figure1

A Esophagogastroduodenoscopy findings during the preoperative examination for gastric submucosal tumors. An elevated lesion, 8 mm in size, with depression in the center, covered with normal mucosa was observed in the anterior wall of the antrum. B Upper gastrointestinal series findings. A raised lesion with a central depression, 8 mm in size, was found in the greater curvature of the gastric body (arrow). C Endoscopic ultrasonography findings. A 10-mm tumor was found in the second layer (arrow). Because of the thinning of the third layer, submucosal invasion could not be completely ruled out (arrow head)

Fig. 2
figure2

Intraoperative imaging by laparoscopy. A The tumor could not be identified from the gastric serosa. B The seromuscular layer and submucosal layers were incised completely along the tumor, and the tumor covered with mucosa was towed outside the gastric wall. C The whole layer was excised by linear stapler. D After tumor resection

Fig. 3
figure3

Pathological findings of the tumor. A Whole-mount view of the cut section of the tumor. The tumor was mainly located in the submucosal tissue (hematoxylin and eosin [H&E] stain). B The tumor is composed of a highly cellular fascicle of short spindle cells. (H&E stain, original magnification, ×400). C Immunohistochemical stain using an EMA antibody showed cytoplasmic positivity. (Original magnification, ×200). D Lack of DOG-1 expression in spindle cells. (Original magnification, ×200)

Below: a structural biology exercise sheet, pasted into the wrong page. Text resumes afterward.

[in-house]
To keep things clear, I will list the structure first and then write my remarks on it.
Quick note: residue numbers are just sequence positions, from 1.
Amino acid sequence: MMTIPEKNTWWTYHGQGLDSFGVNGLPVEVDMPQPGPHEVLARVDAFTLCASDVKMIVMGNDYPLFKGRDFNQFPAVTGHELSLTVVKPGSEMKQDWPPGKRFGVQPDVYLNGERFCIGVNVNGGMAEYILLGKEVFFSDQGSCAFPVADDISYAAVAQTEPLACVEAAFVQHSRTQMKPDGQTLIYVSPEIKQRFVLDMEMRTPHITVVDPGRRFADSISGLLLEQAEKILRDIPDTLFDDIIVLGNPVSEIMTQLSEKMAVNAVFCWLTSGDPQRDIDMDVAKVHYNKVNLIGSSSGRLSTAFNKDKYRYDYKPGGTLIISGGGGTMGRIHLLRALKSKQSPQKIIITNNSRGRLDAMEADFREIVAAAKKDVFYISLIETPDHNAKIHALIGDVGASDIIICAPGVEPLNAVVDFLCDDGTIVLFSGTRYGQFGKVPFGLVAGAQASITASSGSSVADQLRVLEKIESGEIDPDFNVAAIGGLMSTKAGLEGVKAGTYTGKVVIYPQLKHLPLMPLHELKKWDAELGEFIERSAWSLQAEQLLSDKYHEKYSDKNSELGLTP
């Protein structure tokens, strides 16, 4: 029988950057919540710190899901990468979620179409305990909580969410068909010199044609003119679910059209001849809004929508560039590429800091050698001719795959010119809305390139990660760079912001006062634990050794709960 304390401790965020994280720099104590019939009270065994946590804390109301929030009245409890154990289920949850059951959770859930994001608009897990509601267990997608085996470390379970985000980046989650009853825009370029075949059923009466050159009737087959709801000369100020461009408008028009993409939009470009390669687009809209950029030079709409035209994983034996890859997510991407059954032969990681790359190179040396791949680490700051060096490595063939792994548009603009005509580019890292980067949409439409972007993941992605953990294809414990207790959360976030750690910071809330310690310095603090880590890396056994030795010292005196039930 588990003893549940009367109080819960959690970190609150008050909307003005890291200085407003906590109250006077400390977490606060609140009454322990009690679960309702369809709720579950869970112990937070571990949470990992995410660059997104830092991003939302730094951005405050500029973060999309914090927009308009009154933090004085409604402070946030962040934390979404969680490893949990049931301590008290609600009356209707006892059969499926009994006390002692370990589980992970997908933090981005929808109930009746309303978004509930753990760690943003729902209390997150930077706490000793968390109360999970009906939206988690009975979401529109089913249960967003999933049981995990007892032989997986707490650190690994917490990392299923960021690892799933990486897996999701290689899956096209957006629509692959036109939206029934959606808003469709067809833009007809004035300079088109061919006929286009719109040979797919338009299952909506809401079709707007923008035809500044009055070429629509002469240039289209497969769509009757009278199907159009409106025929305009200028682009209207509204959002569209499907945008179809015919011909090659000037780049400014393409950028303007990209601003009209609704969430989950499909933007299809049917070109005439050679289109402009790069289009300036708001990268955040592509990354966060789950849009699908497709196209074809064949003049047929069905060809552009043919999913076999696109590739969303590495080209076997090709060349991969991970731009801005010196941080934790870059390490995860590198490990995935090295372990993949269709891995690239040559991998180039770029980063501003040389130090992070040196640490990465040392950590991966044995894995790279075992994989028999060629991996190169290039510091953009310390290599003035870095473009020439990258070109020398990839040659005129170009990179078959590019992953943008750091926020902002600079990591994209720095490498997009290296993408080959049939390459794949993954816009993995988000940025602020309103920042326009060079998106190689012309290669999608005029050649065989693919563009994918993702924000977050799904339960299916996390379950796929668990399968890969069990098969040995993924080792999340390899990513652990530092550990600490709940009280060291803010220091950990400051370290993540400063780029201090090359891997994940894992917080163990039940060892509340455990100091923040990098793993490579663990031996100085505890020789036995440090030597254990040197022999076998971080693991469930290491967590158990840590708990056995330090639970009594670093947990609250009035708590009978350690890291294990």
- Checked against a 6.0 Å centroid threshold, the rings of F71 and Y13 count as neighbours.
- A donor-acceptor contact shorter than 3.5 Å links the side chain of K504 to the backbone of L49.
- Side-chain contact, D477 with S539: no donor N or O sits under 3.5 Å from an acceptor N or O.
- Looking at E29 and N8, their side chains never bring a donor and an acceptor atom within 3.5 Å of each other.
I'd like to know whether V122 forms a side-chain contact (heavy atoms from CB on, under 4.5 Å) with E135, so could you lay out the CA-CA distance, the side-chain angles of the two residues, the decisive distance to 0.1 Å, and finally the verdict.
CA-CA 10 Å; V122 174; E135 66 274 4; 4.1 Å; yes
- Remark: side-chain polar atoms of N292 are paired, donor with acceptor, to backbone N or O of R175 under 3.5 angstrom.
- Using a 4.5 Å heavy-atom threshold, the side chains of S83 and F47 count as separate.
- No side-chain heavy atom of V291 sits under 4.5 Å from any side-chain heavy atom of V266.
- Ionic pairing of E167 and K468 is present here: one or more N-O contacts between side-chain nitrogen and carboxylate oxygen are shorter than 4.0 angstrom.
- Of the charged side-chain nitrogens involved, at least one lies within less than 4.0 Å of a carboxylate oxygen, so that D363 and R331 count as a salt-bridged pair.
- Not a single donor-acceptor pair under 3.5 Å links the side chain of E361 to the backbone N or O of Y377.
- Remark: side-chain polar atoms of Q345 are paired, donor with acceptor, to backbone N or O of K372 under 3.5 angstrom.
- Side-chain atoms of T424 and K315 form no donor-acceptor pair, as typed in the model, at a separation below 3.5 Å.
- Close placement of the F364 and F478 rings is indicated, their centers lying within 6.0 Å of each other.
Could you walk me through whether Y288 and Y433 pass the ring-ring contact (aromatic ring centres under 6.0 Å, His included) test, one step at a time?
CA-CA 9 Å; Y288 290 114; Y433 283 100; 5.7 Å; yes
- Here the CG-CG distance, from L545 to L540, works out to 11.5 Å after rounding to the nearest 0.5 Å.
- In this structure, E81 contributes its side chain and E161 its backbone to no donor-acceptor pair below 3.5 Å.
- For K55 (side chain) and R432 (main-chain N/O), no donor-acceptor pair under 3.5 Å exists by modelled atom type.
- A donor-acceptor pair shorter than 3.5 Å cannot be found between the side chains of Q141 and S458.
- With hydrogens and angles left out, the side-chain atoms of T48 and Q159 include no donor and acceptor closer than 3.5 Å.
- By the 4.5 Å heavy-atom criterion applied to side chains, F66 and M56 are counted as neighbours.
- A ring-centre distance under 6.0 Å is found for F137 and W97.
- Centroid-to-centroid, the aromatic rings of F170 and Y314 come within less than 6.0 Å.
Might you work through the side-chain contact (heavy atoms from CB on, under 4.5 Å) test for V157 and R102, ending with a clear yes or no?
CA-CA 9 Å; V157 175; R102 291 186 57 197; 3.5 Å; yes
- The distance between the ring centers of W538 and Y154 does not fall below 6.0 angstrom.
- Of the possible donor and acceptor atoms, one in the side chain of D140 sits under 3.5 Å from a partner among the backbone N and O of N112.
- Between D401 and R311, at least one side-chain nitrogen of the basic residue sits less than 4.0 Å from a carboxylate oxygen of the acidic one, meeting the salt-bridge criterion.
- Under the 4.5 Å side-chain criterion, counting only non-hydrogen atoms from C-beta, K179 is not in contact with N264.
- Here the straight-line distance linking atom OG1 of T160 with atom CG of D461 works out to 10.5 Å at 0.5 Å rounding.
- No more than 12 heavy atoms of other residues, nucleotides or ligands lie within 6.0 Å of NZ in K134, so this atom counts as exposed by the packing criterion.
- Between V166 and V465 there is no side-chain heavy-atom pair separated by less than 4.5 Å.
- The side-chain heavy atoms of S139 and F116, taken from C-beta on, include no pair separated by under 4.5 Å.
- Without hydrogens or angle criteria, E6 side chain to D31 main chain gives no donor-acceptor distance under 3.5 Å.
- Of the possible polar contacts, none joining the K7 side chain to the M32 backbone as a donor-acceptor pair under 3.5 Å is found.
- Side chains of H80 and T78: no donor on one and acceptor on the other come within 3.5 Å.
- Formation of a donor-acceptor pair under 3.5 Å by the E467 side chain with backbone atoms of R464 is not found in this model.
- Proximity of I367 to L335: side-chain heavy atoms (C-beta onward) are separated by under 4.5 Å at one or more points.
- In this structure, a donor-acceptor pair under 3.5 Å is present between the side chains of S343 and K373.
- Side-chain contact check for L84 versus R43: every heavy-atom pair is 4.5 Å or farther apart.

Discussion

Synovial sarcoma accounts for approximately 10% of all malignant soft tissue tumors and occurs in the extremities, but has also been reported to occur in various other regions, such as the head and neck, lungs, mediastinum, abdomen, and retroperitoneum [1, 2]. Features of synovial sarcoma include chromosomal translocation (X;18) (p11;q11), found in 95% or more cases genetically, regardless of the development site or histology. This transdermal translocation fuses the SXY gene on chromosome 18 with the SSX1 or SSX2 gene on the X chromosome to form the SYT-SSX chimeric gene. The specific mechanism of action of this gene product in the development of synovial sarcoma is still unknown, but it is thought to be involved in regulating transcriptional activity [3,4,5]. Recently, TLE1, a Groucho/Transducin-like enhancer of split TLE families, was found to be a diagnostic marker for synovial sarcoma [6]. TLE1 acts as a transcription factor corepressor in various pathways, including the Wnt/β-catenin pathway, suggesting that increased expression of TLE1 may cause abnormalities in downstream gene expression [7]. In this case, TLE-1 and SS18-SSX were positive on immunohistochemical analysis, and synovial sarcoma was diagnosed by biomolecular assessment and genetic identification of SS18 by FISH. As of 2021, there were only 44 (22 men and 22 women) reported cases of primary synovial sarcoma in the stomach [8,9,10,11,12,13,14,15,16,17,18,19,20,21,22,23,24,25,26,27,28,29,30,31] (Table 1), and the median age of the affected patients was 45 years. Tumors were often locally located in the body and fundus of the stomach, with a median size of 5.46 cm; many also had ulcers. Recently, reports of this tumor type have been increasing [24, 27,28,29,30], which may be a result of improved understanding of this tumor type and advances in diagnostic ability.